When I was a child I remember singing the "Diarrhea Song" which consisted of verses like...."When you're walking in the rain and you feel something drain, diarrhea, diarrhea. When you're ridin' in your Chevy and you feel something heavy, diarrhea, diarrhea." (I'll spare you from any more verses.) Sadly, the things that we joke about are the very things that bring tears to the eyes of parents around the world.
The Church is strange: she is the creation of the Father through the Word and Spirit, the community of those who have been united by the Spirit with the Son, and therefore brought into the eternal community of the Trinity. She is a city whose town square is in heaven. She is a city without walls or boundary lines, a polity without sword or shield. Of no other society can that be said.
But she is ordinary: the Church is made up of human beings, with features that identify her as a culture among the cultures of the world. God did not enter a world of books with blurks; He did not intervene in a world of rituals and meals with spatuals and gleals; He did not call His people to live according to the specific quormal principles or to promote a particular uphos.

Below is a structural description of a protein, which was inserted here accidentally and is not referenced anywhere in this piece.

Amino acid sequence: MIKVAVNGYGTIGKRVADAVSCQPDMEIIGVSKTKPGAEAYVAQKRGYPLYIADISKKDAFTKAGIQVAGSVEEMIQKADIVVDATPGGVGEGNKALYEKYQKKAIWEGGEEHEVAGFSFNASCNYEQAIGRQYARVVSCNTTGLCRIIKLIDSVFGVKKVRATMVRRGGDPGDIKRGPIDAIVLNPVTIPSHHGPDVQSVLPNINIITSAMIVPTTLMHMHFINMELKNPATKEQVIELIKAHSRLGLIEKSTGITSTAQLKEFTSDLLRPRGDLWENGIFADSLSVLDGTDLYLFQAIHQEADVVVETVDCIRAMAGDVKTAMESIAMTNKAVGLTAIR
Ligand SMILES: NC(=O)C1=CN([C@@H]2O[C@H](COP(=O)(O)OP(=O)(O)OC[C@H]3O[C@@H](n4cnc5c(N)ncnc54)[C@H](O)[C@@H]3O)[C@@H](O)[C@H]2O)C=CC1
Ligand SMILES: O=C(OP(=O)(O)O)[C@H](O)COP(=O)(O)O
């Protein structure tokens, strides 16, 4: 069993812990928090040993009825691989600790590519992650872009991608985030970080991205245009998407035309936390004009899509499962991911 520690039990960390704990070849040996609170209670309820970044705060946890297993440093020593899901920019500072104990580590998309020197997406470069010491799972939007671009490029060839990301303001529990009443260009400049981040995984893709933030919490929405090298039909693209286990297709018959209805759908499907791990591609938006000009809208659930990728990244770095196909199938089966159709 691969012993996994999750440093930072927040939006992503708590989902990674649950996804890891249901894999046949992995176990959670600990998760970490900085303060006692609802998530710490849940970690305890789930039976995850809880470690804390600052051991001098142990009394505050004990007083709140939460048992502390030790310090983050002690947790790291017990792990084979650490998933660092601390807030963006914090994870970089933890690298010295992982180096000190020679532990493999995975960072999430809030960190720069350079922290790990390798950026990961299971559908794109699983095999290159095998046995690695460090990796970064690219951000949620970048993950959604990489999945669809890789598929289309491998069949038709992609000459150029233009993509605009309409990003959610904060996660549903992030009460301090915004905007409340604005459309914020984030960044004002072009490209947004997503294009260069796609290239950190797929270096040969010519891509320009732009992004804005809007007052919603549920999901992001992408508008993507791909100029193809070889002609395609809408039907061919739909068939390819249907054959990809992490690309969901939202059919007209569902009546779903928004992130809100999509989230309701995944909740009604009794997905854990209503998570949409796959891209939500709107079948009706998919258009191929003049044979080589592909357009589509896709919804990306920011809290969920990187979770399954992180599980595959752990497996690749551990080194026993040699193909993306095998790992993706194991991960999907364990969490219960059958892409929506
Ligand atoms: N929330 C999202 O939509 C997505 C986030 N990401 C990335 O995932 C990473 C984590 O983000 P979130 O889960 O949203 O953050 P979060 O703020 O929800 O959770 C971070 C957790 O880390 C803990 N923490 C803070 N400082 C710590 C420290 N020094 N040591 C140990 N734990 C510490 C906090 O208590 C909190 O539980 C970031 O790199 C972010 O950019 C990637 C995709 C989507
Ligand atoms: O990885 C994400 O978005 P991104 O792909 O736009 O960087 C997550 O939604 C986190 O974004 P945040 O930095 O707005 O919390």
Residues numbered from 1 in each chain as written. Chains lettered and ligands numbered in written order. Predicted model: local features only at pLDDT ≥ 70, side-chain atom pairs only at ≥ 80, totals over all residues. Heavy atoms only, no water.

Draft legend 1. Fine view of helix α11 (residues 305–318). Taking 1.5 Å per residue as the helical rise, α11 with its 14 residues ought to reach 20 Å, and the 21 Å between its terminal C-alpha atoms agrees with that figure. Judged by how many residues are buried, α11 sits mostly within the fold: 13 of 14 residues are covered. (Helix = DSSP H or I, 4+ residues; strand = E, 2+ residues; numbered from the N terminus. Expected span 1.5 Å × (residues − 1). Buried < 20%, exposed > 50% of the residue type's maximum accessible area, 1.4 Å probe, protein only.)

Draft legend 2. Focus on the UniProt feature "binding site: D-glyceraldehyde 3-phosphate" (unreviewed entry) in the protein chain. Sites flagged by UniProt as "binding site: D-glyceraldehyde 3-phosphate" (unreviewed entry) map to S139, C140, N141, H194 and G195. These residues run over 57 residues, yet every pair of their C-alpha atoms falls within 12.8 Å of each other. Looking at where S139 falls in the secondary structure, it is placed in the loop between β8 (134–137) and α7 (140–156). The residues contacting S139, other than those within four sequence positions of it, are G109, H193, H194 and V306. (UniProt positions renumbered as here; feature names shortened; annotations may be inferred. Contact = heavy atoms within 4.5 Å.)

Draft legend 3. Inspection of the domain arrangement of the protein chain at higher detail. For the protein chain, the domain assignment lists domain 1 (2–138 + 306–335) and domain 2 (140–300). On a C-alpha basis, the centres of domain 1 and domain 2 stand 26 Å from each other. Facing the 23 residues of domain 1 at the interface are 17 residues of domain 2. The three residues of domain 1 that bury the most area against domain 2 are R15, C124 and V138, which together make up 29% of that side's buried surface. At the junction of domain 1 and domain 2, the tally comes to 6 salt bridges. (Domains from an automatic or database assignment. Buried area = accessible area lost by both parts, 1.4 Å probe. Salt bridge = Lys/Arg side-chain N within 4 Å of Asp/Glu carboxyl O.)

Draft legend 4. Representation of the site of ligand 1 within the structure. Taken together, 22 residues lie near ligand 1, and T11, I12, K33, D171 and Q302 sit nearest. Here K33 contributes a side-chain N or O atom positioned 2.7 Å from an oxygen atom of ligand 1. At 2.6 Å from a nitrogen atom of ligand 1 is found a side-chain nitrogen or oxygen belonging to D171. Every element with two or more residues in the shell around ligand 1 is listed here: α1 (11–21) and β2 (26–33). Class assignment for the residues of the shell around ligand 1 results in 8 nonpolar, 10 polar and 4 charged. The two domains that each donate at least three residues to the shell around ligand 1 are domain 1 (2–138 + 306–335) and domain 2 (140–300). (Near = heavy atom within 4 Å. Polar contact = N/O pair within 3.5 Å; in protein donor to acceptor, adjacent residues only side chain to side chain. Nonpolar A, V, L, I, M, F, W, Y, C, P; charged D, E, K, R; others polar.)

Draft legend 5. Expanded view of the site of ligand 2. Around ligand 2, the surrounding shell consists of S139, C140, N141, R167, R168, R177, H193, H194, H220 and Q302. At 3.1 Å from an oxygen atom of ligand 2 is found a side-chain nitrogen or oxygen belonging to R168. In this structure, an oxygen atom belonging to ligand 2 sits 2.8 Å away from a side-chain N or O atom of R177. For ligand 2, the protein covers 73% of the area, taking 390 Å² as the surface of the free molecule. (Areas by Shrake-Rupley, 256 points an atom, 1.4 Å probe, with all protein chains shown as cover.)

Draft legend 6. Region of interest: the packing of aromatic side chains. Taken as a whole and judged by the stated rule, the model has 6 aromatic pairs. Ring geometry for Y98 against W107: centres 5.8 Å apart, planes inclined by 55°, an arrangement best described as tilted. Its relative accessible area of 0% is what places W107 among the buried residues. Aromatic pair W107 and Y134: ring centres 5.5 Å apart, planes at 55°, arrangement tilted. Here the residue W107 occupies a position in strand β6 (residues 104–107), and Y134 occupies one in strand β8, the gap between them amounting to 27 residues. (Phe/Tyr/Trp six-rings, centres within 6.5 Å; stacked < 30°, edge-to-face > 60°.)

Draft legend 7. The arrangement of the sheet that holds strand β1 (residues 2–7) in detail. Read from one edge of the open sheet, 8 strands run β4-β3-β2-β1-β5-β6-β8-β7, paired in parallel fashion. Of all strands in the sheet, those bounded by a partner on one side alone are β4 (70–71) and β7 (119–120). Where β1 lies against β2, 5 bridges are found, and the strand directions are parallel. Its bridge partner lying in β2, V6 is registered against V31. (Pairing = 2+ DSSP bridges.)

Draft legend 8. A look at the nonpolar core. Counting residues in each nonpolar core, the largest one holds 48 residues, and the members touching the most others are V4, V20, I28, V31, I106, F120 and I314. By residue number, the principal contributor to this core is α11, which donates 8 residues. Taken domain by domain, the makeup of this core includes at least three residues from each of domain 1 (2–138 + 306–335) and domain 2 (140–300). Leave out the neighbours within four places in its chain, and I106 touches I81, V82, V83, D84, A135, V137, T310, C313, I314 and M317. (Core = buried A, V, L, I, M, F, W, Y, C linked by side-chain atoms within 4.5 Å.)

Rather, God created a world of stories, symbols, rituals, and community rules. Into this world of stories, God introduced a rival story; into a world of books, God came with His own library; in a world of symbols and rituals and sacrificial meals, the Church was organized by a ritual bath and a feast of bread and wine; in the midst of cultures with their own ethose and moral atmosphere, God gathered a community to produce the aroma of Christ in their life together.
Only by insisting on the Church's ordinariness can we simultaneously grasp her strangeness."
-Peter Leithart, Against Christianity, 17-18.
A man was walking home one day, when he noticed two women staring at a tree. The man was curious (and a bit nosy too), so he walked over to the ladies.
"Why are you staring at that tree," asked the man.
The short lady said, "we are having a debate over whether this tree was created by God or if it is the product of millions of years of evolution. I think that God created all things, including this tree."
"But I do not believe that God exists and I think that this tree is a product of chance," responded the tall lady.